October 15, 2019

Seeking to understand long-term metastatic breast cancer survival

Madison, Wis. — When breast cancer spreads to other parts of the body, long-term survival tends to be the exception and not the rule.

While there are many factors at play, the median survival of patients with metastatic breast cancer measures just a few years. But, despite the odds, some go on living for many more.

In rare cases, some even go on to live for decades.

Mark Burkard, MD, PhD, wants to know why.

Burkard, a medical oncologist and researcher at the UW Carbone Cancer Center, is the principal investigator of Outliers, an ongoing international study that’s looking for “extreme survivors” of metastatic breast cancer – people like Peg, a patient who set Burkard on his current course.

Peg initially was diagnosed with breast cancer in 1978, treated, then received word years later that the cancer has spread. While the odds may have been against her, Peg kept trucking along. By the time she had met Burkard many years later, she had outlived her original oncologist.

“I’d just heard about patients like Peg, but actually meeting her made me want to understand what was different about her,” Burkard said. “I thought it was important to identify others like her and try to figure out what makes either the person tick or the cancer tick.”

For the study, extreme metastatic breast cancer survivors are defined as those who have lived for more than 10 years since their initial cancer diagnosis. While the study seeks to identify those individuals, it’s also looking for participants who could become extreme survivors, as well.

So far, more than 700 individuals from across the country and the world have been surveyed as part of Outliers. But, with a goal of 2,000 participants, Burkard needs your help.

If you’re over 18, have received a breast cancer diagnosis, and have been diagnosed with metastatic disease, you are eligible to participate.

Qualified participants are asked to take a survey that includes questions about medical history, diet and lifestyle. From there, some extreme survivors are selected for further analysis of tumor and saliva samples, with an emphasis on studying genetic makeup. “One of the ideas was maybe it’s the genes in the tumor that’s driving how fast these cancers change over time,” Burkard said.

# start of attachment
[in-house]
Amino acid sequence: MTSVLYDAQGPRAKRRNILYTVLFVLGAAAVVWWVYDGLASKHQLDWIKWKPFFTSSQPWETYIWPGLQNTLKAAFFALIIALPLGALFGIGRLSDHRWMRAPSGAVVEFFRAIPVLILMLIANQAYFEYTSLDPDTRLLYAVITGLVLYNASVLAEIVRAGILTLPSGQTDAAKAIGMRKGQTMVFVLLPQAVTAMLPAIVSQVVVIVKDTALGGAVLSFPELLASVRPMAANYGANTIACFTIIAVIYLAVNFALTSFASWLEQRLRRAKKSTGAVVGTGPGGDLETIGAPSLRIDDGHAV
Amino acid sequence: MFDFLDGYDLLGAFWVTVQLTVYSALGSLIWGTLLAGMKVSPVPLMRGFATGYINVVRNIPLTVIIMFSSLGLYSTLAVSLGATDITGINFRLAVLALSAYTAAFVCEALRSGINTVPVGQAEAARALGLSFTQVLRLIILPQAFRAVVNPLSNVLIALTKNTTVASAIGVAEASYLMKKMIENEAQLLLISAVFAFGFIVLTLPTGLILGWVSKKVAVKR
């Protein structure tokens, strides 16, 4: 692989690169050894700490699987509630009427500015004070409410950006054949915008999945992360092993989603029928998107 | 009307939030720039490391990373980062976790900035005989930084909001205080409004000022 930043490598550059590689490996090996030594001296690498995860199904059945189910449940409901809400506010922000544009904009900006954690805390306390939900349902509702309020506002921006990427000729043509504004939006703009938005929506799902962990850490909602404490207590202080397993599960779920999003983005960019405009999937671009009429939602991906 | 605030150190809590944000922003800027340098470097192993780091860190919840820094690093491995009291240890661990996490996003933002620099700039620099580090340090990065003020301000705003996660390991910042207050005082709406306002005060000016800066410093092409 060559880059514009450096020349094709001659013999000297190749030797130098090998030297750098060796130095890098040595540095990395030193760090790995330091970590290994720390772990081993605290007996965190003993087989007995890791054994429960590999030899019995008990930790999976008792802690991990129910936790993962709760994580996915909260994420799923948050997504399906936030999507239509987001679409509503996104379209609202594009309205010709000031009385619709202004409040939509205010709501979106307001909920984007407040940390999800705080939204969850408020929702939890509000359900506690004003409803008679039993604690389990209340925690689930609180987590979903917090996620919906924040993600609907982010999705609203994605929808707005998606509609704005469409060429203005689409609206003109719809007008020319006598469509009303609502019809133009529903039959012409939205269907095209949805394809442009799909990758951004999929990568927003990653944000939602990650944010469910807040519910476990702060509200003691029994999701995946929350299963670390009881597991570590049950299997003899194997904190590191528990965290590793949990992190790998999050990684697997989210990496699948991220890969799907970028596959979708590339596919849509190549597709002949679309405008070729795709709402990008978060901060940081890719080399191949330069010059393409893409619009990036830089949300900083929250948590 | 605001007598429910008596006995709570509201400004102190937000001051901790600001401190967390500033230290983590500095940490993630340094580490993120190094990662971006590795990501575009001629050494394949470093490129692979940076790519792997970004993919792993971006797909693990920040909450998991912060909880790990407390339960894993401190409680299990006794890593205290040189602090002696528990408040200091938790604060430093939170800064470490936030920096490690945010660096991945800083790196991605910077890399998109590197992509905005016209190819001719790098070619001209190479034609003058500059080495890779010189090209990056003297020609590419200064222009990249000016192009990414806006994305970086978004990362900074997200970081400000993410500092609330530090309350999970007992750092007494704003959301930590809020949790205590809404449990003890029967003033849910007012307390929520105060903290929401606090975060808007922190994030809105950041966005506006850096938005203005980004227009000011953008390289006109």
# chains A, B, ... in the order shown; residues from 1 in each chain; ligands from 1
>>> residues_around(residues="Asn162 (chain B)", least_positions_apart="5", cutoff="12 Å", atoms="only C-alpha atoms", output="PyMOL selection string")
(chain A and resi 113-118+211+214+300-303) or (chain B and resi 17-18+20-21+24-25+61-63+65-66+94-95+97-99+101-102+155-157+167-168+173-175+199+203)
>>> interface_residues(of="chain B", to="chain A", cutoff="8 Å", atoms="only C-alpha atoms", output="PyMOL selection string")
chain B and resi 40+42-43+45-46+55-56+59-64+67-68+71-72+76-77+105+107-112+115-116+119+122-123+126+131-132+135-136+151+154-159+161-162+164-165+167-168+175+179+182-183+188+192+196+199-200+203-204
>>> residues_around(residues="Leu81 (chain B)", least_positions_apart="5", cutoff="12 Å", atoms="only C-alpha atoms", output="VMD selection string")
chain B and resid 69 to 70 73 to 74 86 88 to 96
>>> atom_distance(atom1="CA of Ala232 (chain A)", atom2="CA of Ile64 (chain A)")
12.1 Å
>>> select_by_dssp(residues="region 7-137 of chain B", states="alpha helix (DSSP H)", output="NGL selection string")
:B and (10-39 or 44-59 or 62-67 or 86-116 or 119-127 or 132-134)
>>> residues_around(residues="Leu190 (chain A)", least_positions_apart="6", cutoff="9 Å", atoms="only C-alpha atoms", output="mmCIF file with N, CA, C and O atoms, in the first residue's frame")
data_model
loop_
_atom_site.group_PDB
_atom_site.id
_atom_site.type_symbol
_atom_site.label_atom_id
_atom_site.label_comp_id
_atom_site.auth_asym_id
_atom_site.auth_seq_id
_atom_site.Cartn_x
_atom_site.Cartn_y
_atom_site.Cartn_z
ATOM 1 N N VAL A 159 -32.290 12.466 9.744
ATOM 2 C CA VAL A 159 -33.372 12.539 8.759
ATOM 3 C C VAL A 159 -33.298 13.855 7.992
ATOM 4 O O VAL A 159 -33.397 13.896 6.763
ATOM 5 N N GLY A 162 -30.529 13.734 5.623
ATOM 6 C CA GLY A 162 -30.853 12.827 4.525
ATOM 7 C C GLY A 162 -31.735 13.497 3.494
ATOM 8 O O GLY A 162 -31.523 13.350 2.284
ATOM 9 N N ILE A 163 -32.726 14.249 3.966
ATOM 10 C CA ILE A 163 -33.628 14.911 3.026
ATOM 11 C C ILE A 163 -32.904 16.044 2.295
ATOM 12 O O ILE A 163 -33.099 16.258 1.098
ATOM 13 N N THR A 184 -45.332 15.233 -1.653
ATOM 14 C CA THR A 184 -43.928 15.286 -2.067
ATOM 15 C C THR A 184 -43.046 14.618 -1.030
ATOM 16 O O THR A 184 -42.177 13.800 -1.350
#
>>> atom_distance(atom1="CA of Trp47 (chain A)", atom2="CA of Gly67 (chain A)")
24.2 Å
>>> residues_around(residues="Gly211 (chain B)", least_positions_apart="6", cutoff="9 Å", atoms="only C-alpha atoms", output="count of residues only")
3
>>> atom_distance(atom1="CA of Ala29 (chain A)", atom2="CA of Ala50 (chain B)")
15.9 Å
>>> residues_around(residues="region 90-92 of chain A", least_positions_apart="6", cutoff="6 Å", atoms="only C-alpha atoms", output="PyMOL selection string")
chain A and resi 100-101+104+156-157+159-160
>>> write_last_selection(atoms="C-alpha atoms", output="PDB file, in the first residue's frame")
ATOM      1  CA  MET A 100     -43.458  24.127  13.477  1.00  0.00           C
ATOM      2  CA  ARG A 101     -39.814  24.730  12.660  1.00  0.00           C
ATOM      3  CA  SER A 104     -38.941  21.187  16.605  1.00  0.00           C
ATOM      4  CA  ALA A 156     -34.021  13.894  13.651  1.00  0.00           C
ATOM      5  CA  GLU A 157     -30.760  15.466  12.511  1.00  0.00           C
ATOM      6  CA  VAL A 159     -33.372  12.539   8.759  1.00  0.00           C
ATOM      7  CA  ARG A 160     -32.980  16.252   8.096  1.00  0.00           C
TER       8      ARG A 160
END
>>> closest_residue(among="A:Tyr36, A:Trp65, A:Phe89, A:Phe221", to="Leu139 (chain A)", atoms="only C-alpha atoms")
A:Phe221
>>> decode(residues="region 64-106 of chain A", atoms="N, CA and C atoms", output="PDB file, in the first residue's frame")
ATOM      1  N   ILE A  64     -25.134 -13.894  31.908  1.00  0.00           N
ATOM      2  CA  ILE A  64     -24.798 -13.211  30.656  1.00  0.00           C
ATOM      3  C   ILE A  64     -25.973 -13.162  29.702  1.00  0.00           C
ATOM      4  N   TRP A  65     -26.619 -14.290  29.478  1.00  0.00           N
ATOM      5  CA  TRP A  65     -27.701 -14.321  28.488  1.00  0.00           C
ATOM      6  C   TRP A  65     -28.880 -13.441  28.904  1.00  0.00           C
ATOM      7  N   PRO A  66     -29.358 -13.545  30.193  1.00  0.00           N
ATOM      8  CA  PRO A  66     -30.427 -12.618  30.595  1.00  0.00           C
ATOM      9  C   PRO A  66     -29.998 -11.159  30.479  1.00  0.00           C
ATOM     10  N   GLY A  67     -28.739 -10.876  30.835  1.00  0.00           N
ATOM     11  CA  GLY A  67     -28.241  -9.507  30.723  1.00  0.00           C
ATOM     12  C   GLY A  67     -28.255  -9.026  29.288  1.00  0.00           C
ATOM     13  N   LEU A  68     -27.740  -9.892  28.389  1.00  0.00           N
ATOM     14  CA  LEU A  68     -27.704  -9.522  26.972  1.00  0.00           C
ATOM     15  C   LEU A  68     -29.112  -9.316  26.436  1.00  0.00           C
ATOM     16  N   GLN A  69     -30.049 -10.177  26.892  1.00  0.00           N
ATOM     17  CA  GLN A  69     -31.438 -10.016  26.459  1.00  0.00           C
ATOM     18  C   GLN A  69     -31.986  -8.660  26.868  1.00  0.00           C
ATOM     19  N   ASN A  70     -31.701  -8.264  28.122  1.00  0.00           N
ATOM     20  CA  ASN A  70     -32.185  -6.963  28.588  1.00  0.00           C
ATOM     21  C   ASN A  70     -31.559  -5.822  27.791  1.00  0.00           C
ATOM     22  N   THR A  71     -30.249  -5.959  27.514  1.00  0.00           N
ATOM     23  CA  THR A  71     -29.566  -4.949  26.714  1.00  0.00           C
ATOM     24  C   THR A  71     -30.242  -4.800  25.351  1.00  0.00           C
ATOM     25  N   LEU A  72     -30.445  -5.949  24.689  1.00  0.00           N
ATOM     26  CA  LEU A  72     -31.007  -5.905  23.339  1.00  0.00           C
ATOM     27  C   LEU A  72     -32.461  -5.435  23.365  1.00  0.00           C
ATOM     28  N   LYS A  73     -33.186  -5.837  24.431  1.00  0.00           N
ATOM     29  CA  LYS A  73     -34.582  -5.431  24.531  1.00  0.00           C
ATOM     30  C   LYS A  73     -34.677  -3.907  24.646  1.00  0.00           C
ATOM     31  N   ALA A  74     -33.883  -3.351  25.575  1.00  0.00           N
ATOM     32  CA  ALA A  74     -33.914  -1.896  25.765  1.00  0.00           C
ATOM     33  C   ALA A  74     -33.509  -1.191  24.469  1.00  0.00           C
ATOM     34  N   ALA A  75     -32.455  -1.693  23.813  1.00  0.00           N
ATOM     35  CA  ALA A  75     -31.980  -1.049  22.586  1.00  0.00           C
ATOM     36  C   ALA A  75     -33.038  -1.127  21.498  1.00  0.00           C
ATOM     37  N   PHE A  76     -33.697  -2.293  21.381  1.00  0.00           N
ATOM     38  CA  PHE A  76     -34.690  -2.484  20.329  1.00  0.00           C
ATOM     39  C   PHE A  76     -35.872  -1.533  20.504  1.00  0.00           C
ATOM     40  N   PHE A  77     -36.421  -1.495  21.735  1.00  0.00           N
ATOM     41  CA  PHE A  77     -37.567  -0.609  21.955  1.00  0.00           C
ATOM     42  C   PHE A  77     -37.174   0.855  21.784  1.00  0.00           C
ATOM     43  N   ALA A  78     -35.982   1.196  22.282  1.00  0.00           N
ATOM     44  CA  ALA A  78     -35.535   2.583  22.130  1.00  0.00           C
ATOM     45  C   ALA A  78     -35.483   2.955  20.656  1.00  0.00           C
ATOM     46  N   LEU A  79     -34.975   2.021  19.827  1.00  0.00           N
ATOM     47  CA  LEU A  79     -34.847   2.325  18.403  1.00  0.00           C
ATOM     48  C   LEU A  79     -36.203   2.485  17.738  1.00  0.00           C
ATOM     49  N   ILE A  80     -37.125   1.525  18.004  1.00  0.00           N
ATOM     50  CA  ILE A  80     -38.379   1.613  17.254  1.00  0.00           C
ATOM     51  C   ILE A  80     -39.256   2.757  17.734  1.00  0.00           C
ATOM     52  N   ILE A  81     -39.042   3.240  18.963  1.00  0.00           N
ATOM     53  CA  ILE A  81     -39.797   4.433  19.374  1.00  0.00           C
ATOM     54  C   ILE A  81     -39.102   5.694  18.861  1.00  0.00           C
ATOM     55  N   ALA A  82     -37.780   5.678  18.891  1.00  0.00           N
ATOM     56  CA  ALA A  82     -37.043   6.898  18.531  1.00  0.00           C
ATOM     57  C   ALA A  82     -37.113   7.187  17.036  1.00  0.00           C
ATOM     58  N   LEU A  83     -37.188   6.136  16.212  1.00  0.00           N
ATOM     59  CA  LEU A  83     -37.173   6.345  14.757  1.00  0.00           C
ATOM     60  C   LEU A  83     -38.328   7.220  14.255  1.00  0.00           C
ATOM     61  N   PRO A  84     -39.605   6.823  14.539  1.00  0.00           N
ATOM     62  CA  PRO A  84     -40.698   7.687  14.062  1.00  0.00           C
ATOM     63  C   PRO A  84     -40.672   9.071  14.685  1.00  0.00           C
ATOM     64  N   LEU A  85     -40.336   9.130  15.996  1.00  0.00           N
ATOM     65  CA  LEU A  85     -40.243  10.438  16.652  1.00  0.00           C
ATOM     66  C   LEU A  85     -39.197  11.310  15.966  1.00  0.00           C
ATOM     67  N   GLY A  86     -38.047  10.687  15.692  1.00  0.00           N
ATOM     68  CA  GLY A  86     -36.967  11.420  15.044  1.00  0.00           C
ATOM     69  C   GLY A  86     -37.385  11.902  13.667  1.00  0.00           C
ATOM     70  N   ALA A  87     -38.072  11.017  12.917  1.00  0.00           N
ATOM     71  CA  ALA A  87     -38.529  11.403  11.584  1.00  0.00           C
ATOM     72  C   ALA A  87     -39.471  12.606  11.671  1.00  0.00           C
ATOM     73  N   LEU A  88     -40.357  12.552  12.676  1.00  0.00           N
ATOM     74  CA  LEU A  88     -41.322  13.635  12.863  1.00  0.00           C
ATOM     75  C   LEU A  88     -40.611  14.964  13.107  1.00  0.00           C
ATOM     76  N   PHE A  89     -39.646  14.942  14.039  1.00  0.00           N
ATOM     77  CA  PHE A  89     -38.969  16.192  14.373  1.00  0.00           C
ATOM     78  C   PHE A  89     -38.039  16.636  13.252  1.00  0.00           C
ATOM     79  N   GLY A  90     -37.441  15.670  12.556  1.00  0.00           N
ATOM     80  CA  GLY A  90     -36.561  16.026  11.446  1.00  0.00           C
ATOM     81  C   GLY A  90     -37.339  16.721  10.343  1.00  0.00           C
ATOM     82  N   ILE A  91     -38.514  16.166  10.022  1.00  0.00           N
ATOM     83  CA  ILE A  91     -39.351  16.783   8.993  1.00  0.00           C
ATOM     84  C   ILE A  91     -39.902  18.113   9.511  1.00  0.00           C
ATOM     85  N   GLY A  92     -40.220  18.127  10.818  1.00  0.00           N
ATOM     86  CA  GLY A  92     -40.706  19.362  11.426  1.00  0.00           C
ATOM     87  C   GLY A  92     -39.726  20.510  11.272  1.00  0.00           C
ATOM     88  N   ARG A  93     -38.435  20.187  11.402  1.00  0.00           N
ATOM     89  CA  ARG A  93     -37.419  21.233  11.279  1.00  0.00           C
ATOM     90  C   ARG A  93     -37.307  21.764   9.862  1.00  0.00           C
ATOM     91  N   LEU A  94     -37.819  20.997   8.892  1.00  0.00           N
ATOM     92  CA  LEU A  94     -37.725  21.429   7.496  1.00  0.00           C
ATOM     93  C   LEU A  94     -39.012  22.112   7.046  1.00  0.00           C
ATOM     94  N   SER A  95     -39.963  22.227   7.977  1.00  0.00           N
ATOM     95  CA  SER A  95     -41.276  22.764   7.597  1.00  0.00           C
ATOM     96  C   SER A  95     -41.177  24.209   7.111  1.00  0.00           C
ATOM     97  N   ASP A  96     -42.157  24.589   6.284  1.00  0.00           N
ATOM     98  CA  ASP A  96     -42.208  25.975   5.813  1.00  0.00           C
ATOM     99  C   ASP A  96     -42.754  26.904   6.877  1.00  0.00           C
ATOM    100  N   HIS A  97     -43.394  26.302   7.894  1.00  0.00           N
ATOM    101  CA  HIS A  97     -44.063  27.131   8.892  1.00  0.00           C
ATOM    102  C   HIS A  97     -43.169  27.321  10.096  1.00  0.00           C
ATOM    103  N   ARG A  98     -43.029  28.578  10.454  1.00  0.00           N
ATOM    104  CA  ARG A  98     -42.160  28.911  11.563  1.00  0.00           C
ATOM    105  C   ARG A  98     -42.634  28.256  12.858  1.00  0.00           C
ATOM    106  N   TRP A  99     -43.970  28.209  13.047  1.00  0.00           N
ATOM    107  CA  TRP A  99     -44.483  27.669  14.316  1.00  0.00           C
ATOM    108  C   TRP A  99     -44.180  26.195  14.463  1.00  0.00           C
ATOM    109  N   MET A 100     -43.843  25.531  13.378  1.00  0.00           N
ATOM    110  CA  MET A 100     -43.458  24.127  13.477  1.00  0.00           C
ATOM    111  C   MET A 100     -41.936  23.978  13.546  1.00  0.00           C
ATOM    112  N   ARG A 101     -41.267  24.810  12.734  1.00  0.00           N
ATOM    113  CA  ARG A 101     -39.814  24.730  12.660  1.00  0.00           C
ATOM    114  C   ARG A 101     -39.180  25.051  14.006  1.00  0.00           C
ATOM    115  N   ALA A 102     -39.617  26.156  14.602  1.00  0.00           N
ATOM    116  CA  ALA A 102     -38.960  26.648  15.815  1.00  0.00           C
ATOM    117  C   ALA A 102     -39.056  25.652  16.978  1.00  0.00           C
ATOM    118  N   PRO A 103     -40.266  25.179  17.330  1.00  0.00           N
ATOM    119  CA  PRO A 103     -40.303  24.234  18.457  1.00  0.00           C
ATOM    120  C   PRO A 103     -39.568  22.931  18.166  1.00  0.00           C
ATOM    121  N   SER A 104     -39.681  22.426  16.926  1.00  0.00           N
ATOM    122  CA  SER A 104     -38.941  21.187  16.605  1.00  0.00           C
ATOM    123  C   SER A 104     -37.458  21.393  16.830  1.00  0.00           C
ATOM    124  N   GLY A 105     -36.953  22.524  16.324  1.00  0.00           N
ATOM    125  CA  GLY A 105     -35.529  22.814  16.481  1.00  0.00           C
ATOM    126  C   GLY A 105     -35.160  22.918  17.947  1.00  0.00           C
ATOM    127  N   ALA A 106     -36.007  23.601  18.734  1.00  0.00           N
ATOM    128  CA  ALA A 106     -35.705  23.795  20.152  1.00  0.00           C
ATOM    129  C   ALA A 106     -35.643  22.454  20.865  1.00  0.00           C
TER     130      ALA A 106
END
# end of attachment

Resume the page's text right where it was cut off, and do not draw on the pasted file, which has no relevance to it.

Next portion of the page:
Burkard also noted that he sees two ways this research could benefit patients. The first has to do with a possible correlation between certain lifestyle choices and long-term survivorship. “If it were a habit or something that’s modifiable, we could share that with other people who are living with metastatic breast cancer, who could then deploy those strategies,” he said.

Results from the study could also help oncologists better identify patients with slow-growing cancers, and as a result, select more appropriate treatments. “If we could identify people with metastatic breast cancer and say, ‘oh, you’re one of the people for whom the cancer grows so slowly that you’re likely to outlive your cancer,’ then that person may clearly be able to forego chemotherapy, for instance, and focus on other treatments that are less toxic,” Burkard said.

Some preliminary results from the study are already available, made possible by UW researchers and the more than 700 individuals who have already taken part in the study.

Interested in participating? The first step is to visit the Outliers webpage and take an eligibility survey. Men who have breast cancer are strongly encouraged to participate.